South Carolina has documented road and bridge needs of nearly $30 billion, and the major difficulty in dealing with them is a lack of money. But getting legislators to acknowledge that simple fact may be an uphill battle in an election year. If Thursday's pre-session discussion on the topic is an indication, legislators may be more interested in side issues than in focusing on a funding solution that will support the work that's needed.

Sen. Ray Cleary, R-Georgetown, wants to increase what he calls the user fee on fuel to provide a start for overdue maintenance and repairs. He put it bluntly, "We need an additional $1.6 billion a year."

A gas tax increase to raise such an amount would be astronomical, and it's highly unlikely that the Legislature would entertain such a hike. But it's not unreasonable to expect legislators to make a start.

And that will require more focus than was evident during Thursday's discussion, where much of the talk was about the need to further reform the state Highway Commission, to use tolls on interstates or to put the expense on tourists by granting S.C. consumers gas-tax rebates.

One House leader explained how, even if the Legislature approved a gas tax hike, there wouldn't be enough votes to override an anticipated gubernatorial veto. Of course, there are any number of ways to take a defeatist attitude or to procrastinate on a difficult decision, particularly in an election year. But the voters send legislators to Columbia to take care of business, not to temporize and equivocate.

In response to criticism that he was "parsing" terms in his depiction of a gas tax hike as a fee increase, Sen. Cleary made the case that "user fee" is the correct term, considering that it is imposed on those who use the road system for the purpose of maintaining and improving that system.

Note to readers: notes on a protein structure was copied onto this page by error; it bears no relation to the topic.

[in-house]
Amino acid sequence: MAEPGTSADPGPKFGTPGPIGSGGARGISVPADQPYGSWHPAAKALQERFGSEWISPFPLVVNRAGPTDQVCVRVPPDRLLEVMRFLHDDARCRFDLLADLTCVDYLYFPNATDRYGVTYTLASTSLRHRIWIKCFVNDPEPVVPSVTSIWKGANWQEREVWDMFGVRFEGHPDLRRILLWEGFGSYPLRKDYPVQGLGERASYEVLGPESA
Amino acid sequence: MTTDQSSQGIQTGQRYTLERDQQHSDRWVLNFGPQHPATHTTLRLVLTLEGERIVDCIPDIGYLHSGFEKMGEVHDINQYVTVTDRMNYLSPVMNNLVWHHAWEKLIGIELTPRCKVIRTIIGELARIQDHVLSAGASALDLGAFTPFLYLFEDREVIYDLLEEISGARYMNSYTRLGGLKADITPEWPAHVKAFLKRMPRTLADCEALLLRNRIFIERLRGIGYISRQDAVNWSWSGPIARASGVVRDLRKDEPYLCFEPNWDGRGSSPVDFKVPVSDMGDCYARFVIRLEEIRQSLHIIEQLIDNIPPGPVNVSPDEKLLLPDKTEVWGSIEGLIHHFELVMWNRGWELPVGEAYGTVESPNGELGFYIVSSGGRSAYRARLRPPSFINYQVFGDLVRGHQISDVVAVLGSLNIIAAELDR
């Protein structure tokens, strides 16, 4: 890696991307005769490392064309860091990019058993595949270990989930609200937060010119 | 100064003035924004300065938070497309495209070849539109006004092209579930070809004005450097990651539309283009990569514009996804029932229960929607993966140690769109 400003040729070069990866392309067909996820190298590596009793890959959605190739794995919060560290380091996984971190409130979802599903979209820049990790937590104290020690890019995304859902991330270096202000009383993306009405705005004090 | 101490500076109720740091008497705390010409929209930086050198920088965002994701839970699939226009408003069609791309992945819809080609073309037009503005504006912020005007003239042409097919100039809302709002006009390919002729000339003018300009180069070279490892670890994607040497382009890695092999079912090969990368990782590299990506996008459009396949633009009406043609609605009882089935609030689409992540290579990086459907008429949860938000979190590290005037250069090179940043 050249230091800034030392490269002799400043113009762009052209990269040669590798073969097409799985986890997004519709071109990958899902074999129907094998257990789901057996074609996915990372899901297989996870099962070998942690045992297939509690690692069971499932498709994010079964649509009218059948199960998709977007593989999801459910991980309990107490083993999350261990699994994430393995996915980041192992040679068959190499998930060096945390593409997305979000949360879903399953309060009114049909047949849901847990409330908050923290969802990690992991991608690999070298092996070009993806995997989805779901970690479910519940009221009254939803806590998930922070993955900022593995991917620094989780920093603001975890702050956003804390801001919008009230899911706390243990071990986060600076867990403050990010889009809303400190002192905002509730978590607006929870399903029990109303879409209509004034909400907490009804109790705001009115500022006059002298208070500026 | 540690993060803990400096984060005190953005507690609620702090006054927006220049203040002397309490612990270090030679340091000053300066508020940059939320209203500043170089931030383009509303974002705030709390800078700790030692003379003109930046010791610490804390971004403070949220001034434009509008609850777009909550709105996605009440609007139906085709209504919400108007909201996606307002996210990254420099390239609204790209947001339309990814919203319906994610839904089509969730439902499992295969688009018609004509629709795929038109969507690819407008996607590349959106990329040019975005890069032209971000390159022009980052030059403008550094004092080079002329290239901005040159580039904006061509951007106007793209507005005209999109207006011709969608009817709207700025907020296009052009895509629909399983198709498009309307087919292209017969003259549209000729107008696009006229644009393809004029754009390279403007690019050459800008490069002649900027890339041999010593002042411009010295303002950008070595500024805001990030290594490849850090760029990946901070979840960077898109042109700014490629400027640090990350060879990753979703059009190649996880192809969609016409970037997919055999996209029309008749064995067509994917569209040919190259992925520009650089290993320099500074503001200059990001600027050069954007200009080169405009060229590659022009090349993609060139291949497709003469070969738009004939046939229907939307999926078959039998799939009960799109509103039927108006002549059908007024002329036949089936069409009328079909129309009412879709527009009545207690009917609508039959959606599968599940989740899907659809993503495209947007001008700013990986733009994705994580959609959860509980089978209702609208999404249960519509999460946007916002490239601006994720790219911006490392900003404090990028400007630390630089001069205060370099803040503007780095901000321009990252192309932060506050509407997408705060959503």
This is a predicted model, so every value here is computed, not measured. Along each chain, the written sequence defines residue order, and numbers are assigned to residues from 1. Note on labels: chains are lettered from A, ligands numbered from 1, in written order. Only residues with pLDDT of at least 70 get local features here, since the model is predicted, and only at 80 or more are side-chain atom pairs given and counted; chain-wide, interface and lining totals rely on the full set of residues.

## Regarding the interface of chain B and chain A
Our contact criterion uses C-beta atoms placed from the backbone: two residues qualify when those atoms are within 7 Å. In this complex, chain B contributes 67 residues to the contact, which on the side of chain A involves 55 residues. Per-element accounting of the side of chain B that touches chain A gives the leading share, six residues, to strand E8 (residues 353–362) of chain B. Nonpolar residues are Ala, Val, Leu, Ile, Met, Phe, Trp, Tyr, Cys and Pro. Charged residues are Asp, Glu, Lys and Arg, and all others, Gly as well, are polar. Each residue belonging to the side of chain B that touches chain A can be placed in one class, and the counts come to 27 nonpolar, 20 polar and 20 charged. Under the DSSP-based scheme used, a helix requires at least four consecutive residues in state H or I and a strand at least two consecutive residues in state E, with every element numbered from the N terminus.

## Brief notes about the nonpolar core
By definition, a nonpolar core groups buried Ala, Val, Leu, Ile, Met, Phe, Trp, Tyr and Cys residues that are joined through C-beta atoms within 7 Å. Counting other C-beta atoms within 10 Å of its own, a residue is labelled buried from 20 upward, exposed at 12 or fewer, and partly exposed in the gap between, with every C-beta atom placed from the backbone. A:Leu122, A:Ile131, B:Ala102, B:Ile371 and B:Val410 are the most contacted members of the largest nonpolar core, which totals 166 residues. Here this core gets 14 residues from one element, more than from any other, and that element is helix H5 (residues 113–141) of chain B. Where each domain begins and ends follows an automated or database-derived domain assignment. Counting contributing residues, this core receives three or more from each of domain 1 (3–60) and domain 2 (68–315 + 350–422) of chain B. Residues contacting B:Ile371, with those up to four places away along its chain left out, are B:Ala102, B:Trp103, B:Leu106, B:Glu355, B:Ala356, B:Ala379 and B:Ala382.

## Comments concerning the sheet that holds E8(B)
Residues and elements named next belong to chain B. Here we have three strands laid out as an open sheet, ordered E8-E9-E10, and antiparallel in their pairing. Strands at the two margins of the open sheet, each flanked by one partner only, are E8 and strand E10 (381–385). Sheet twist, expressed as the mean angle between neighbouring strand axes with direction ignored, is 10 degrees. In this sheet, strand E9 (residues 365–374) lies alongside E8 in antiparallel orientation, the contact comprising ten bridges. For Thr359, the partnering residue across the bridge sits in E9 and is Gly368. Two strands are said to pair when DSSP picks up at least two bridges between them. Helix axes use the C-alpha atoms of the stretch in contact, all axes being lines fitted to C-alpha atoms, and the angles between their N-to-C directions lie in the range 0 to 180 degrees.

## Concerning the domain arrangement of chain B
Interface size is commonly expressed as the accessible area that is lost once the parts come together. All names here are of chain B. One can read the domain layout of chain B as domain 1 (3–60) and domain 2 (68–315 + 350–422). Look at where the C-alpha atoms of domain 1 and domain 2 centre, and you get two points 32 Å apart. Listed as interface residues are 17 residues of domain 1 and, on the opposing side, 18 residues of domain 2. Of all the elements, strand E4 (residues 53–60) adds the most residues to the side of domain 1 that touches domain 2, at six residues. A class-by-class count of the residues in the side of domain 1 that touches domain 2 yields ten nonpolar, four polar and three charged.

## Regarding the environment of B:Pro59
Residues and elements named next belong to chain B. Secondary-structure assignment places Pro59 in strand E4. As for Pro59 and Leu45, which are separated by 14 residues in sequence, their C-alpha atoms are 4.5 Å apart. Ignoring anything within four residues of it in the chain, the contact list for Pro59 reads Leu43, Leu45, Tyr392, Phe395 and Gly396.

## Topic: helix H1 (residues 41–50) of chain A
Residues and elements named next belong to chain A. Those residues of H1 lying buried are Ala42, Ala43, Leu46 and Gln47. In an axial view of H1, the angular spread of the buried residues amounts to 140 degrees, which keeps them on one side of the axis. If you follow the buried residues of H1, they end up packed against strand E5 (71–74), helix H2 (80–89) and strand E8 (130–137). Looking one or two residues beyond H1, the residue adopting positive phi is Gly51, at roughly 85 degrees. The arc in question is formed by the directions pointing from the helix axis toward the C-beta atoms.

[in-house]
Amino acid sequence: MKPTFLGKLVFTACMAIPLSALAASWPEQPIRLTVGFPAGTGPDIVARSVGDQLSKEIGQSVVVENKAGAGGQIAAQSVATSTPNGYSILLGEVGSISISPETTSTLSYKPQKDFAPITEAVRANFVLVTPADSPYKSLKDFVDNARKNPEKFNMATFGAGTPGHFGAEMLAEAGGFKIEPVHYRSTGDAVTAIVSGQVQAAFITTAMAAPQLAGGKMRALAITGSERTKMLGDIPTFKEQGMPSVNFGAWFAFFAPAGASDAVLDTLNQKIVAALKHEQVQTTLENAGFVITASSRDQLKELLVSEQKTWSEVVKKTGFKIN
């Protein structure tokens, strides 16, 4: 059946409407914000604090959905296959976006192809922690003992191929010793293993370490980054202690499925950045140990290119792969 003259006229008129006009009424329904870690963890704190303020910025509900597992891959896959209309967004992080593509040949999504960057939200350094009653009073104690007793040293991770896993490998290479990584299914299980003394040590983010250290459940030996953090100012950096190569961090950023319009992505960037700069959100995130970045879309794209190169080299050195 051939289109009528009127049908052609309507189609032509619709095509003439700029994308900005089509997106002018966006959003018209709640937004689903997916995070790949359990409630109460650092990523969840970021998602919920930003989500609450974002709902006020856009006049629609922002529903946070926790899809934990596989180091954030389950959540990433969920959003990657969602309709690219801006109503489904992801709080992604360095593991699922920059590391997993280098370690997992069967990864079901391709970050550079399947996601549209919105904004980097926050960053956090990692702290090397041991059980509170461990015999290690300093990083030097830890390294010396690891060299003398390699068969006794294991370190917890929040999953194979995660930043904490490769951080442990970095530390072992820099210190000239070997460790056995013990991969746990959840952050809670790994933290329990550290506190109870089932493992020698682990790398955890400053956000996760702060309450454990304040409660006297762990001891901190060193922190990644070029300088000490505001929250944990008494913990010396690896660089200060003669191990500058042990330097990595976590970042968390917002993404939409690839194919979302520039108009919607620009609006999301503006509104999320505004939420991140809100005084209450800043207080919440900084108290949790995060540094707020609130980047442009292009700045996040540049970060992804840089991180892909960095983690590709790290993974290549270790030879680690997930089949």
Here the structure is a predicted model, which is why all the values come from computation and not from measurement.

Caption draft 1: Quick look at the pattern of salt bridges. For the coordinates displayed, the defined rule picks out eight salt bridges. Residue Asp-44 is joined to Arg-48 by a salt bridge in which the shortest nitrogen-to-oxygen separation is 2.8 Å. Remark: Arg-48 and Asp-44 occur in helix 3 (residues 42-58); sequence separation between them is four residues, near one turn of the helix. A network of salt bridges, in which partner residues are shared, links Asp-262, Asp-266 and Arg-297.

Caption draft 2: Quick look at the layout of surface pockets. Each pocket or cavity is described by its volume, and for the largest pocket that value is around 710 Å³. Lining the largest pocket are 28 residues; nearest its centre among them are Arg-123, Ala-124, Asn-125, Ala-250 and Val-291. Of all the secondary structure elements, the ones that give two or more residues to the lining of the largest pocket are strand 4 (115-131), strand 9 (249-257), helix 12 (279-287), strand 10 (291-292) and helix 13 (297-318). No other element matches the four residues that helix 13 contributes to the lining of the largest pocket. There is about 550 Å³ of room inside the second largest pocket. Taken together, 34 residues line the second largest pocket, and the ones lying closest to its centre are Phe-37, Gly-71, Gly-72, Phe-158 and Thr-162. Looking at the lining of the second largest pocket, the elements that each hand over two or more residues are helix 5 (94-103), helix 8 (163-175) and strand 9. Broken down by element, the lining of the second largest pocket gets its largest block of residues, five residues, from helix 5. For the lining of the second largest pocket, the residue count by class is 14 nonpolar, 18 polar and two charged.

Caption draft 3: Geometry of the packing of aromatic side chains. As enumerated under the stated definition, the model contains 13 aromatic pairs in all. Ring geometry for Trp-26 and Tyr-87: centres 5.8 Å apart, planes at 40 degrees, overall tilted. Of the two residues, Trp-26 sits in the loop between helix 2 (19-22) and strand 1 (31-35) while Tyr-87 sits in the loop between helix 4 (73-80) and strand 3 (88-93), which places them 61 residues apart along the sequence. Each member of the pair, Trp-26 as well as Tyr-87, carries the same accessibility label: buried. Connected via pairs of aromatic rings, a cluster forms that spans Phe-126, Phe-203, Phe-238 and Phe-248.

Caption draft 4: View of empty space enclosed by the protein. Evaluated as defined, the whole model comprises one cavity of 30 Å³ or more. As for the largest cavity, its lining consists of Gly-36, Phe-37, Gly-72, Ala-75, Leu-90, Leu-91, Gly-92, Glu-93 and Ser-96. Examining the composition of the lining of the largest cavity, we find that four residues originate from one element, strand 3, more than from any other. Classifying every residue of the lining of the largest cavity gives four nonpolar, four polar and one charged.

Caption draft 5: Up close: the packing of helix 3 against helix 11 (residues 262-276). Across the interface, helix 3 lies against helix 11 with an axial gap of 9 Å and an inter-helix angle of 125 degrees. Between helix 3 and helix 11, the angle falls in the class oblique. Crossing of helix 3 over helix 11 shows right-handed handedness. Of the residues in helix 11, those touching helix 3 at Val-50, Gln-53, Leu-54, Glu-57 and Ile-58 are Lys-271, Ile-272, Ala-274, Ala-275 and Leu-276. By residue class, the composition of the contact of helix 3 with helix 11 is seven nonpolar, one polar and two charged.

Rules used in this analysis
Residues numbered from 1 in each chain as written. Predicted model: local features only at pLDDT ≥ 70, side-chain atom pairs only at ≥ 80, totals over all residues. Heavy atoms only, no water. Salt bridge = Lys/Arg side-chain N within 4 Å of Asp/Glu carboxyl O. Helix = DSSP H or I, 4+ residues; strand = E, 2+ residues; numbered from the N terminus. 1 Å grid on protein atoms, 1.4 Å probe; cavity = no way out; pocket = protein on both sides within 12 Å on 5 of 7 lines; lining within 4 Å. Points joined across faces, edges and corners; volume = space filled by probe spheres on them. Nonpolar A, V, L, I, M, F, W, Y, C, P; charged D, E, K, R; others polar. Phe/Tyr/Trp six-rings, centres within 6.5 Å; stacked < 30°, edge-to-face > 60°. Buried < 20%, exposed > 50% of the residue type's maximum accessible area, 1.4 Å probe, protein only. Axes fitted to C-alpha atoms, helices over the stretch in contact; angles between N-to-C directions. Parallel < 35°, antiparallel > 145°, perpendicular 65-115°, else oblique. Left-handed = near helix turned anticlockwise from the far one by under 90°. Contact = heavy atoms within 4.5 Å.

But that's not the only reason to use the term. Sen. Cleary noted that many House members have taken the "no tax" pledge, vowing never to raise taxes without an equal cut elsewhere. Using the term "fee" might give those who have adopted such an ill-advised position some political leeway to do their jobs.

Certainly, the state has less and less leeway for delay as the DOT faces mounting infrastructure challenges with an insufficiency of funds.

At 16 cents per gallon, the state gas tax is one of the lowest in the nation. Meanwhile, South Carolina has one of the largest state-maintained road systems in the nation. And the gas tax hasn't been raised since 1987.

The $500 million bond issue approved by the Legislature last session will help, but it can't be viewed as anything but a stopgap, pending a continuing source of new revenue.

With that allocation, the Legislature effectively put five pounds of pressure in the tires, "but the tires are still flat," said Sen. Thomas Alexander, R-Oconee. The Legislature may be unwilling to give the problem the attention it deserves, but the public wants to see it fixed, he said.

There was one area of agreement during Thursday's discussion. Legislators generally acknowledged that the state's roads and bridges need major work.

That's a good point of departure for a debate on how to fix them. And at present that discussion will always come back to the need for more money.